Cliff Pfenning's blog

On sports, films and hackers

Wed, 12/17/2014 - 12:40pm
Cliff Pfenning
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What a day for news Tuesday was. It was all about death across the world: Sydney, Pakistan, a lone gunman in Pennsylvania. Death and terrorism - the biggest threat focused on such a simple thing as a movie.

How can a movie be dangerous? Well, movies involve creativity and expression, and those things are viewed as more dangerous than bullets in parts of the world. And, they involve theaters, where people congregate to watch those movies. That got me to thinking about what dangers there are in simply going to a game: Timbers, Blazers, Winterhawks … heck a high school girls basketball game.

We all live with the threat that a terrorist(s) could target an event to create havoc and death for their social cause. Or someone might just be having a really bad day because of the person you're sitting next to that you don't even know. We live with it, and it should be a source of national pride that it doesn't affect our daily life.

As a sports fan, it's hard to take the recent hacking of Sony Films and it's potential affect on American life without a spirited response, especially these days in which athletes use their place within society to comment on social issues.

The film industry is a vital part of America, and should be recognized that way. Movies provides social commentary - in a thought-provoking way when they're done right. "Dr. Strangelove," for instance, showed the world what a nuclear attack might do to the world in 1964, and it was a comedy. The U.S. had hundreds of nuclear missiles to counter the Soviet Union's hundreds of missiles, but if they ever got used it would be the worst event the world had ever seen. Took a couple decades, but both sides realized that, and have worked to avoid that possibility by dismantling hundreds of nuclear weapons.

"To Live and Die in LA," showed off how Islamic terrorists might try and kill the President in 1985, and the key motivation for that was the U.S. support for Israel, which can easily be looked at as the most heated issue to any lasting peace with the Islamic world. It's almost 30 years after the movie premiered, and that issue still hasn't changed.

"Wag the Dog" includes a scene with Robert DeNiro talking about the future of war - that it wouldn't involve large armies, but small groups of terrorists. That was 1997. Following the 9-11 attack in 2001, the U.S. got its large armies into action in Afghanistan and Iraq, but all that did was de-stabilize those nations, and kill thousands of people. It's two decades after the movie, and the biggest threat to world peace is small groups of terrorists - and they can be created by national governments. North Korea is far more dangerous today without ever moving its army outside its borders.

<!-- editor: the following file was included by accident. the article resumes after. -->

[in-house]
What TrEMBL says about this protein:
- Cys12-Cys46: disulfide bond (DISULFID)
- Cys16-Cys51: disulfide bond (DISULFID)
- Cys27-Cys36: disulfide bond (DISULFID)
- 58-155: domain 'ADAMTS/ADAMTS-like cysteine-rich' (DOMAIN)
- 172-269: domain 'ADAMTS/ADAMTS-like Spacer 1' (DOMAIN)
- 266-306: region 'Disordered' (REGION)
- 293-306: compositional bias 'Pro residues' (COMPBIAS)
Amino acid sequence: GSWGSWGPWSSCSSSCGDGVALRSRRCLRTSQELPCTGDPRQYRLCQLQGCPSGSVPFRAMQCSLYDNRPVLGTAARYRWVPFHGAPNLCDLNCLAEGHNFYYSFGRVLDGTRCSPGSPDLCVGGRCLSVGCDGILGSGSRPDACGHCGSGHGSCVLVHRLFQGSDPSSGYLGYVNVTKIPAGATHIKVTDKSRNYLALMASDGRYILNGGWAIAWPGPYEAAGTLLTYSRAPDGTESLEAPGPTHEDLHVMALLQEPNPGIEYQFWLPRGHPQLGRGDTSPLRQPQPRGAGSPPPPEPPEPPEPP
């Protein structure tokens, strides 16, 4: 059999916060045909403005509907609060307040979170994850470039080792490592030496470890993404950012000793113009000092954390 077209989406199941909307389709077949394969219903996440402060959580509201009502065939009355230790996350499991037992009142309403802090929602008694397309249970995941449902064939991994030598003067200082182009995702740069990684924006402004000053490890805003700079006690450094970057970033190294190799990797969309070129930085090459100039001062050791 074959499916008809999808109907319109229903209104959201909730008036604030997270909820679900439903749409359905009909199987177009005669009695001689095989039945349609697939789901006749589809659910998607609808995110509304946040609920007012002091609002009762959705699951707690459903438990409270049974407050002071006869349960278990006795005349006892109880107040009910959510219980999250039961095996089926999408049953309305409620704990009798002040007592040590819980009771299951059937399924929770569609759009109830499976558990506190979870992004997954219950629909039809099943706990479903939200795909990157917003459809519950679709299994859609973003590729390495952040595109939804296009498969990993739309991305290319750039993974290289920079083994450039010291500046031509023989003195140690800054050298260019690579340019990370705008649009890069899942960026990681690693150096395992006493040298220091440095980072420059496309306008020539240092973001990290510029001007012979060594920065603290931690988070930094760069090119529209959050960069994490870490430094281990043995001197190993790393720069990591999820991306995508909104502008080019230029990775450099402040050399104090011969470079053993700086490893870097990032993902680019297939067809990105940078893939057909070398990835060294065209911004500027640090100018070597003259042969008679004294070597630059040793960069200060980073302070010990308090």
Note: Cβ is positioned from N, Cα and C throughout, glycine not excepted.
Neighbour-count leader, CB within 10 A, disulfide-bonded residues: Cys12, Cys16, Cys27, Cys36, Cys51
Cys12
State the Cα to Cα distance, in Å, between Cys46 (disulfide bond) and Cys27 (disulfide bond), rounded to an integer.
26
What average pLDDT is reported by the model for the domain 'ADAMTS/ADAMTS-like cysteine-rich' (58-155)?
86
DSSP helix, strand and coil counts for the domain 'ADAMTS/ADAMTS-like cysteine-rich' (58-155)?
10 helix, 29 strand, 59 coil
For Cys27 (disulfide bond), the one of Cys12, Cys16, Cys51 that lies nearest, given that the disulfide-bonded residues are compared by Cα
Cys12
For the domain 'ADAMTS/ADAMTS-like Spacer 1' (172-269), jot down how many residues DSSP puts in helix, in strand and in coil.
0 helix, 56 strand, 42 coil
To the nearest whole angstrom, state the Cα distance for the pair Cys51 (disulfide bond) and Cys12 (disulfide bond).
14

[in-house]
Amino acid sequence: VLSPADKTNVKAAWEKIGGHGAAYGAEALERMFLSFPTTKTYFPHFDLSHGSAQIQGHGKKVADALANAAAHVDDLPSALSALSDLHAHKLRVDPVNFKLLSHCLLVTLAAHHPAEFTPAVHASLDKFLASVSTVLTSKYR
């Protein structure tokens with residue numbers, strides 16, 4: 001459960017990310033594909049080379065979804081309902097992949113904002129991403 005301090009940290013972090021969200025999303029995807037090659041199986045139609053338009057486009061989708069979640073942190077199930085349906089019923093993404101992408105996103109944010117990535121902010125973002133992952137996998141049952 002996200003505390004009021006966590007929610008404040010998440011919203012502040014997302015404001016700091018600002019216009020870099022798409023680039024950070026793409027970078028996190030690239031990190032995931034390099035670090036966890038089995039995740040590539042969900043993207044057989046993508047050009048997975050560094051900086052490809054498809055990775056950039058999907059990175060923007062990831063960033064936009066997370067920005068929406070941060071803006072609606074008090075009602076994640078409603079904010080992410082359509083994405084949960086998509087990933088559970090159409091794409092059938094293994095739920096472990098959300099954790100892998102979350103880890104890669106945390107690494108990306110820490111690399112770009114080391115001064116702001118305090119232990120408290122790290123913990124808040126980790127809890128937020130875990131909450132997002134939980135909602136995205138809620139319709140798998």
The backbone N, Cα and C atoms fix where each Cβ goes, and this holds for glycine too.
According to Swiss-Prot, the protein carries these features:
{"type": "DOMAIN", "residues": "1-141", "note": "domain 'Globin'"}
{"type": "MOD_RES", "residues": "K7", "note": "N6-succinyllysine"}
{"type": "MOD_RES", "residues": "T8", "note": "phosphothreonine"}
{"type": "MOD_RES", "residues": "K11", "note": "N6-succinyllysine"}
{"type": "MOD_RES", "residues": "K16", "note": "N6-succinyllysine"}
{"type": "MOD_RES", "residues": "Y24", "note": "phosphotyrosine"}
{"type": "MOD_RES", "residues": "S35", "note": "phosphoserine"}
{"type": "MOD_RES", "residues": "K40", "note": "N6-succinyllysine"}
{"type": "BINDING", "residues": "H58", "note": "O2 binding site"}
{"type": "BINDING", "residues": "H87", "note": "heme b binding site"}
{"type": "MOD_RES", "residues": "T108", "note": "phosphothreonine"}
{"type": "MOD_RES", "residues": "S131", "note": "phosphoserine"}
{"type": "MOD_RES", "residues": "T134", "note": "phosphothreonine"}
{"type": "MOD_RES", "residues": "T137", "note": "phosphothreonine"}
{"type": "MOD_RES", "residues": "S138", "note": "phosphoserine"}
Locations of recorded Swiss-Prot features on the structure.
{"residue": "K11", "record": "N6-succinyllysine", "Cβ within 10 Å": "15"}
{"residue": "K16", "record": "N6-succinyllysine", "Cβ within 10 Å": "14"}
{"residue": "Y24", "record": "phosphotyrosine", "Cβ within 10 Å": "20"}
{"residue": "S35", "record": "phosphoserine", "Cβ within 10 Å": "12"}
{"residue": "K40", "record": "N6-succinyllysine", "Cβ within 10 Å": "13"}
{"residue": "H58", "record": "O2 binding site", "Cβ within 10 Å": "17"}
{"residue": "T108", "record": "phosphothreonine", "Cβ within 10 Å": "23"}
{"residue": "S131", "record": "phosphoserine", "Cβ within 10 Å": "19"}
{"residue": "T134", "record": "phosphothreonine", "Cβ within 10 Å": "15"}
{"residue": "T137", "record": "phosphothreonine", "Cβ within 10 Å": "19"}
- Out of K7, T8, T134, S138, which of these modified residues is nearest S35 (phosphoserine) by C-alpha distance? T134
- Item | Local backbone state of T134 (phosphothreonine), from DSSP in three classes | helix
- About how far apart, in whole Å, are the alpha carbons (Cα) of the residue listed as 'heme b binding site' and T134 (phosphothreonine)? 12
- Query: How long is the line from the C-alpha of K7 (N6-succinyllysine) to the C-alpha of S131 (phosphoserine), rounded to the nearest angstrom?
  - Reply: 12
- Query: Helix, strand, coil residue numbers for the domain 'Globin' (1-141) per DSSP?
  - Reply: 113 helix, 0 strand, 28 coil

"No Country for Old Men" has a marvelous soliloquy by Tommy Lee Jones at the start of the film about how sheriffs in past decades didn't wear guns to patrol their citizens. That was 2007. Society today has a significant focus on how sheriffs and police officers seem to react to so many situations with a gun drawn first or with a show of force regardless of whether a suspect is doing anything. It's the source of national protests these days.

In the sports world, "Rocky" showed off how an underdog can succeed purely on raw ambition and hard work. That was in 1976. Every high school freshman should be made to watch the movie.

When 9-11 happened one of my first thoughts on how the U.S. should react was to do basically nothing, other than perhaps create an elite force of commandos to infiltrate the area where the Taliban was located and remove the people most responsible for the attack. No one needed to know about it, either.

The government response would be to simply go about life as usual, and put a lot more money into supporting hybrid automotive technology. No armies, just a resolution that terror wouldn't affect the nation, and that further terror wouldn't affect the nation. People would still go to work in office buildings as usual, go to sporting events in stadiums as usual, go to movies in theaters as usual. That's exactly what's happened, too, other than the government getting the military involved for a rationale that can be looked at as another Vietnam. Billions spent, thousands killed, nothing truly accomplished. That's 40 years later, too.